linux-libre advocacy question

Alexandre Oliva lxoliva at
Sun Mar 29 05:54:40 UTC 2009

Hi, Brian,

It was a pleasure to meet you at Libre Planet.

On Mar 28, 2009, Brian Gough <bjg at> wrote:

> Is there any information online which gives examples of the problems
> with the standard linux kernel that I can use to persuade people to
> switch to linux-libre?

Not really.  There's the .log file in 2.6.28-libre1, that mentions which
drivers were changed and gives an idea of what changed in each of them,
but that's about it.  I'm not sure it's a good idea to draw attention to
specific details, when the main problem is actually a matter of
principle, of goals and policy.

Although there are technical and legal arguments against non-Free
Software in Linux, I don't find them as compelling as those that led me
to undertake this project: the ethical, moral and social principles
behind the Free Software movement.

Say, if someone were to adopt Linux-libre to avoid the legal traps that
are put in place by adding sourceless code (under the GPL?!?) to a GPLed
program, it might very well be reasoned as induced infringement brought
about by the copyright holder, and the consequences (automatic license
termination for everyone who's ever distributed that combination) would
be mutually assured destruction, which sort of ensures it's never going
to happen.  Thus, the legal risk is low, and this is a non-issue, except
for the ethical issue of accepting a license and weaseling out of its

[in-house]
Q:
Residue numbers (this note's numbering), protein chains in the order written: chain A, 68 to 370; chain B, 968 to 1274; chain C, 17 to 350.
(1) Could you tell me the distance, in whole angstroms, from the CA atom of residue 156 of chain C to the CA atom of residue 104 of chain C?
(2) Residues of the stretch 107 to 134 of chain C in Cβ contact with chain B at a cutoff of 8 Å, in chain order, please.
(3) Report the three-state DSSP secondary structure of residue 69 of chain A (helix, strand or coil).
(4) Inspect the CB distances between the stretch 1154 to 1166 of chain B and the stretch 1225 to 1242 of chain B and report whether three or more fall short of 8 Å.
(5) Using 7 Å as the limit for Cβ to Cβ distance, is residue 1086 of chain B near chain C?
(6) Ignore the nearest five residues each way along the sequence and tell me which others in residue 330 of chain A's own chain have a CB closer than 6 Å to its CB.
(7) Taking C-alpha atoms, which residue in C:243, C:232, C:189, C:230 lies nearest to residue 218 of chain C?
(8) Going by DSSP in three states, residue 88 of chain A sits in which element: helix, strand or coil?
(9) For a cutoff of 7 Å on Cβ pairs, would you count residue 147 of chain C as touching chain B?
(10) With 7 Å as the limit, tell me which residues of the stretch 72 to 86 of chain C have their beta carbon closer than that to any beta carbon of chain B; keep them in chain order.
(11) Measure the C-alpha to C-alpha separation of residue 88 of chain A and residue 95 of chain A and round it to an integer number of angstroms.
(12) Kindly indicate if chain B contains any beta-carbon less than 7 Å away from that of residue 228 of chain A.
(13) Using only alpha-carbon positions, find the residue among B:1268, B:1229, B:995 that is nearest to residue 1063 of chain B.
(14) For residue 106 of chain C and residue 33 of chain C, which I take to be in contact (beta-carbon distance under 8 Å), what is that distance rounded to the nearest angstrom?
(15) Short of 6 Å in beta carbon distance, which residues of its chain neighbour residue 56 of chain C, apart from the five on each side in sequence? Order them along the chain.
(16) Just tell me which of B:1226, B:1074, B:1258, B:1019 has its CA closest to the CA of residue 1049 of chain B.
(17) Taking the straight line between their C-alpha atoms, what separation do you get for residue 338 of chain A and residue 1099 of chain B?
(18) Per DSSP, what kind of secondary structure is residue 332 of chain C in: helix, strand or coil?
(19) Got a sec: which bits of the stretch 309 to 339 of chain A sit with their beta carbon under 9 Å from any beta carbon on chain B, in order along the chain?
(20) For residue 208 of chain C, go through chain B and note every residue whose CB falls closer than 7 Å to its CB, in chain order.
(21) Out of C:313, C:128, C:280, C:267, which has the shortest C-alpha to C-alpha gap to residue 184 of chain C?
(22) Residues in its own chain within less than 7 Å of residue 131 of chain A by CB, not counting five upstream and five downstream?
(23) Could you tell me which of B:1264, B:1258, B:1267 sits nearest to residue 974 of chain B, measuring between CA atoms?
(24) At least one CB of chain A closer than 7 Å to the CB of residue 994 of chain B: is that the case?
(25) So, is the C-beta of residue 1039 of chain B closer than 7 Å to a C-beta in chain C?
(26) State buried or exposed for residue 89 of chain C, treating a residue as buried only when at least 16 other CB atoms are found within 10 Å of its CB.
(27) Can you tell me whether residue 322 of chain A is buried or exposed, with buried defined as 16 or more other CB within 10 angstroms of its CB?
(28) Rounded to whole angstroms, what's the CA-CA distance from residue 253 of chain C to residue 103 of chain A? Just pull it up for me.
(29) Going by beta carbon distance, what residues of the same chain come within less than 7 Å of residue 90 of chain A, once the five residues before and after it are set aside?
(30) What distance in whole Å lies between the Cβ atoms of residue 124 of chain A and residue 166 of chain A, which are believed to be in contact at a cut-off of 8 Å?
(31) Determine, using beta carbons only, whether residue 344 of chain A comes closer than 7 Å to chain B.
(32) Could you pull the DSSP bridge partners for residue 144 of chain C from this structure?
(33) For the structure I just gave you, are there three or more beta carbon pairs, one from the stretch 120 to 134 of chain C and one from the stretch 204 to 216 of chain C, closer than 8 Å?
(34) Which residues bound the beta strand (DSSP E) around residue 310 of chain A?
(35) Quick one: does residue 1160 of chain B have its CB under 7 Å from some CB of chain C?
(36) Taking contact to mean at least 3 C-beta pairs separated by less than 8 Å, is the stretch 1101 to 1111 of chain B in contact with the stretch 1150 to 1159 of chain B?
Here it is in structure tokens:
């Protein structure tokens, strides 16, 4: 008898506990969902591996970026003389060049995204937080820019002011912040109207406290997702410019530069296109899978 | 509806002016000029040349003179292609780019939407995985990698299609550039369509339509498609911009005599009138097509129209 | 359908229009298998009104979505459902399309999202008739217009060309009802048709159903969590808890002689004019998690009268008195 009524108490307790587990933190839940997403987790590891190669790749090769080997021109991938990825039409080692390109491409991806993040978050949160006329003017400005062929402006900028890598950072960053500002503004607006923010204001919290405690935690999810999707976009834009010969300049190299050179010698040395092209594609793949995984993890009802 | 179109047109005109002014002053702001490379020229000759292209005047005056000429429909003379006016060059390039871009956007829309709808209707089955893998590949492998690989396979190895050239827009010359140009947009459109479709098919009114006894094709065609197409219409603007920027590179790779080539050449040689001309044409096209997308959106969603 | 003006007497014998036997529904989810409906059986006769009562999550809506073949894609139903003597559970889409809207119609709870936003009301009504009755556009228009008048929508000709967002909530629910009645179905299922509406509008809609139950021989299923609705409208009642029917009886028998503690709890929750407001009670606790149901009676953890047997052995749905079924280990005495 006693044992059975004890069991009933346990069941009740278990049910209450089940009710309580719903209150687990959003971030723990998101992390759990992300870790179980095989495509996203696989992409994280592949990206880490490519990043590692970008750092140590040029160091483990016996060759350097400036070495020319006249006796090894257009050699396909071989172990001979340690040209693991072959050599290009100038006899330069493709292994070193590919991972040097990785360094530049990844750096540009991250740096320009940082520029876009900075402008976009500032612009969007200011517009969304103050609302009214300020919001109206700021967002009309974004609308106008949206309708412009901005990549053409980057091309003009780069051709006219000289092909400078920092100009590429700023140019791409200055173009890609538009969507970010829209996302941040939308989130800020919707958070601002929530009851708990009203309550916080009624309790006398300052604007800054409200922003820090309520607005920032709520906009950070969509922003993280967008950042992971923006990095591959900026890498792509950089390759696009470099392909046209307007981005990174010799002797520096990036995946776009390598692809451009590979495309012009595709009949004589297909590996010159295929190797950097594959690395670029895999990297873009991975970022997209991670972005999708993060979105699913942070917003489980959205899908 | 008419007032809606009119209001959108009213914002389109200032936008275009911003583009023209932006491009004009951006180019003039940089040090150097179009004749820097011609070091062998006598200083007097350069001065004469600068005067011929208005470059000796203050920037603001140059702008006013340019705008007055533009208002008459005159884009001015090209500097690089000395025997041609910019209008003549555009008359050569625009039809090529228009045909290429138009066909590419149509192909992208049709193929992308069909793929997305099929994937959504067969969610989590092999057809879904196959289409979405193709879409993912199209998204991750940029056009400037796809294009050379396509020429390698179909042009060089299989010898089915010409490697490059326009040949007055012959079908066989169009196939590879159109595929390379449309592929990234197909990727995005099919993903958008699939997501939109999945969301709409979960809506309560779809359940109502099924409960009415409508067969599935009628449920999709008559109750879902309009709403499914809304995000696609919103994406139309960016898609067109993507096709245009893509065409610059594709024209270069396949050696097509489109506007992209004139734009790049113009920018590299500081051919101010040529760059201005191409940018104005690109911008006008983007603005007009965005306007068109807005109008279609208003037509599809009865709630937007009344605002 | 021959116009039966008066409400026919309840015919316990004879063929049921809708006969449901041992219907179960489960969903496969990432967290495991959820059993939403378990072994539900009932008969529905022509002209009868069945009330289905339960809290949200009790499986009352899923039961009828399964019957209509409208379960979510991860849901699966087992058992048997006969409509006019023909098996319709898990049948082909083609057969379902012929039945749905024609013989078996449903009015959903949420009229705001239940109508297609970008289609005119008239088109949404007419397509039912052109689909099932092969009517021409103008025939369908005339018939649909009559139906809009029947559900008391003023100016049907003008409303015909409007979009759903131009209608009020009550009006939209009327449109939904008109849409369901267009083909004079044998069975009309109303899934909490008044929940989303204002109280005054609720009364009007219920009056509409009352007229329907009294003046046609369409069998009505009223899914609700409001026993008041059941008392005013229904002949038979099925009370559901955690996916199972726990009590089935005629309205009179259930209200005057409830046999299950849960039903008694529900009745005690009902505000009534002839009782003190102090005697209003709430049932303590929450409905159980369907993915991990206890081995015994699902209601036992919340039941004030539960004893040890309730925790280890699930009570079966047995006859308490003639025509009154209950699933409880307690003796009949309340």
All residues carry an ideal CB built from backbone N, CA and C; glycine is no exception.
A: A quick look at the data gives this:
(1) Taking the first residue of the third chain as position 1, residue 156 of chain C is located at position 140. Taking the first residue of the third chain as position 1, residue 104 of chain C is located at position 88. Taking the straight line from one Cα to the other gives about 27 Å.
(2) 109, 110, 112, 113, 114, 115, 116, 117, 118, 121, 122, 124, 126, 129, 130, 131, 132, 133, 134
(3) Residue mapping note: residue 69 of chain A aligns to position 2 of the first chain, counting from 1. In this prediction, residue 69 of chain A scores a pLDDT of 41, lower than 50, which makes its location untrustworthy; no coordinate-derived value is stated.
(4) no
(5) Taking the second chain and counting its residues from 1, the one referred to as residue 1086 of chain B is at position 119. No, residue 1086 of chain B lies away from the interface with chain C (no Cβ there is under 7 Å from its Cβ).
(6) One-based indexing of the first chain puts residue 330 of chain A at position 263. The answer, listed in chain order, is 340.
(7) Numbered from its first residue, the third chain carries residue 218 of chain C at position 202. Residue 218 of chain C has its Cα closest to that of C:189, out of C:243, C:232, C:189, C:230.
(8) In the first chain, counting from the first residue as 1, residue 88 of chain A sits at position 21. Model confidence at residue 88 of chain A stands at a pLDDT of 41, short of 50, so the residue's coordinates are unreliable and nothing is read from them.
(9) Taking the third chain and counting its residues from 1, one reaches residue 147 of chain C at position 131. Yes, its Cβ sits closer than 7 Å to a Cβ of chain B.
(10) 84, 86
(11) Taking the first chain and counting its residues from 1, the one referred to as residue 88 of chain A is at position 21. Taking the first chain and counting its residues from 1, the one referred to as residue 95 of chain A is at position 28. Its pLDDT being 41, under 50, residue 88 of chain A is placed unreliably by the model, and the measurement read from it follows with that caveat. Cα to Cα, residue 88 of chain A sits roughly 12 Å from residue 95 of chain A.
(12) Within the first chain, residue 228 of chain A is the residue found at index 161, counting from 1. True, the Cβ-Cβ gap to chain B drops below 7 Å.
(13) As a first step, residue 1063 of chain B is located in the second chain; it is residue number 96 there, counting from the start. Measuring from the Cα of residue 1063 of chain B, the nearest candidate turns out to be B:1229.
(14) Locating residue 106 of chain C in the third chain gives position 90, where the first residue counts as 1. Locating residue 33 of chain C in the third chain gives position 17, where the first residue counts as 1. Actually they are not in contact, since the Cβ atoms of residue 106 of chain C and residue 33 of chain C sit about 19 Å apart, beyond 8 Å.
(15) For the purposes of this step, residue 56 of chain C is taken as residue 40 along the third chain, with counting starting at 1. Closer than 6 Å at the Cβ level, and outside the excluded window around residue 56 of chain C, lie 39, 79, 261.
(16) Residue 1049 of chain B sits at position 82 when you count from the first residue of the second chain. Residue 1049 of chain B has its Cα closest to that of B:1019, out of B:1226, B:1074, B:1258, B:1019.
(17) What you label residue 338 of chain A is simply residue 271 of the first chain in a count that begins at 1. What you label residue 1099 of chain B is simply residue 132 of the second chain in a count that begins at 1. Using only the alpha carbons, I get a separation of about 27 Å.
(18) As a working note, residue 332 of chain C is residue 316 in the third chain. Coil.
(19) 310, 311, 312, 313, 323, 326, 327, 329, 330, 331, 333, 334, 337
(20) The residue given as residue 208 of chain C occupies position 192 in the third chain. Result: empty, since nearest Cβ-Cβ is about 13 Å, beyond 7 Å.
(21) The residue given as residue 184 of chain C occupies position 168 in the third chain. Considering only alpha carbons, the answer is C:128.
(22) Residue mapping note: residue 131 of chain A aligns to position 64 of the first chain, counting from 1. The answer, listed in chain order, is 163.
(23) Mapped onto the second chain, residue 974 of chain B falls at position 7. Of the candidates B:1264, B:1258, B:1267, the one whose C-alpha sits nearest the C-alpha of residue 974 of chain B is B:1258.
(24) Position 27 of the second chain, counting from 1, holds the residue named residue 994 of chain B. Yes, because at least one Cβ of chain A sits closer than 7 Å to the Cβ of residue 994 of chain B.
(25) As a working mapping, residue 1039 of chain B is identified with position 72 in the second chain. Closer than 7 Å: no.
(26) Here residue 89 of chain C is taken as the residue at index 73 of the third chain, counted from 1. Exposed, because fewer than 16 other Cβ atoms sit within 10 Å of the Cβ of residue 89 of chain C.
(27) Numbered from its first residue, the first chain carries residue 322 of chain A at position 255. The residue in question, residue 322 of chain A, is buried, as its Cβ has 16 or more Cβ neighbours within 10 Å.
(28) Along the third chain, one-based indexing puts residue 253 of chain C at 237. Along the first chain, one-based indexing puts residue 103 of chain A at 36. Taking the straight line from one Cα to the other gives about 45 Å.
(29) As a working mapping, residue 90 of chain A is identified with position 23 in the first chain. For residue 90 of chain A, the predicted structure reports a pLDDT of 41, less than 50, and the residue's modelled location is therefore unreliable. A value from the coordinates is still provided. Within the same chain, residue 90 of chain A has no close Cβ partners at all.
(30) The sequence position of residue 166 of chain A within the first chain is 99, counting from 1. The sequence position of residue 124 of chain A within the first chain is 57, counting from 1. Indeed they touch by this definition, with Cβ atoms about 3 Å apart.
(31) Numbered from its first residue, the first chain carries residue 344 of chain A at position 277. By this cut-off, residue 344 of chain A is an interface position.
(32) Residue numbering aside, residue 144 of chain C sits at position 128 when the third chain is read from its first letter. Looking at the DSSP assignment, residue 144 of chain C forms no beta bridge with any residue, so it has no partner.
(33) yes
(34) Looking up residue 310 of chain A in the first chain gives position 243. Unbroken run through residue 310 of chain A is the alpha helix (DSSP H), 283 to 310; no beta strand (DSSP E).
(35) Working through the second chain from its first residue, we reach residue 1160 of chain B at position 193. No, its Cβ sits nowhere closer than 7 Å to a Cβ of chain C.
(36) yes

provisions just because nobody is likely to sue over that.

Say, if someone were to adotp Linux-libre to avoid the technical risks
of granting an inauditable piece of code control over the machine bus,
memory and other peripherals, which that piece of code could abuse even
more than the software that runs on the "primary" CPUs, since it
wouldn't be subject to the oversight of the kernel, the virtual memory
subsystem et al, the decision would be reduced to a trade-off between
technical risk and convenience.

And then, a number of the devices that use non-Free firmware don't quite
get so much control over the entire computer system, after all, and
others might but have firmware pre-installed in non-volatile memory,
rather than loaded by the operating system.  Thus, someone led by these
reasons would conclude that Linux-libre's efforts are pointless, for
they fail to solve the issue.

Someone misguided by freedom of choice might be even annoyed that
Linux-libre apparently interferes with their ability to choose when to
use non-Free Software, as if such choices didn't have a negative impact
on others.

The compelling argument to use Linux-libre, IMHO, is that "it is Free
Software, and it doesn't induce you to use non-Free Software".  It
encourages you to live an upright ethical, moral and social life.  By
using and distributing it, instead of non-Free Linux, you refuse to help
aggressors control and oppress users, including yourself.  That's the
reasoning that makes sense to me.  If there are others, I'd love to know

Best regards,

Alexandre Oliva, freedom fighter
You must be the change you wish to see in the world. -- Gandhi
Be Free! --   FSF Latin America board member
Free Software Evangelist      Red Hat Brazil Compiler Engineer

More information about the linux-libre mailing list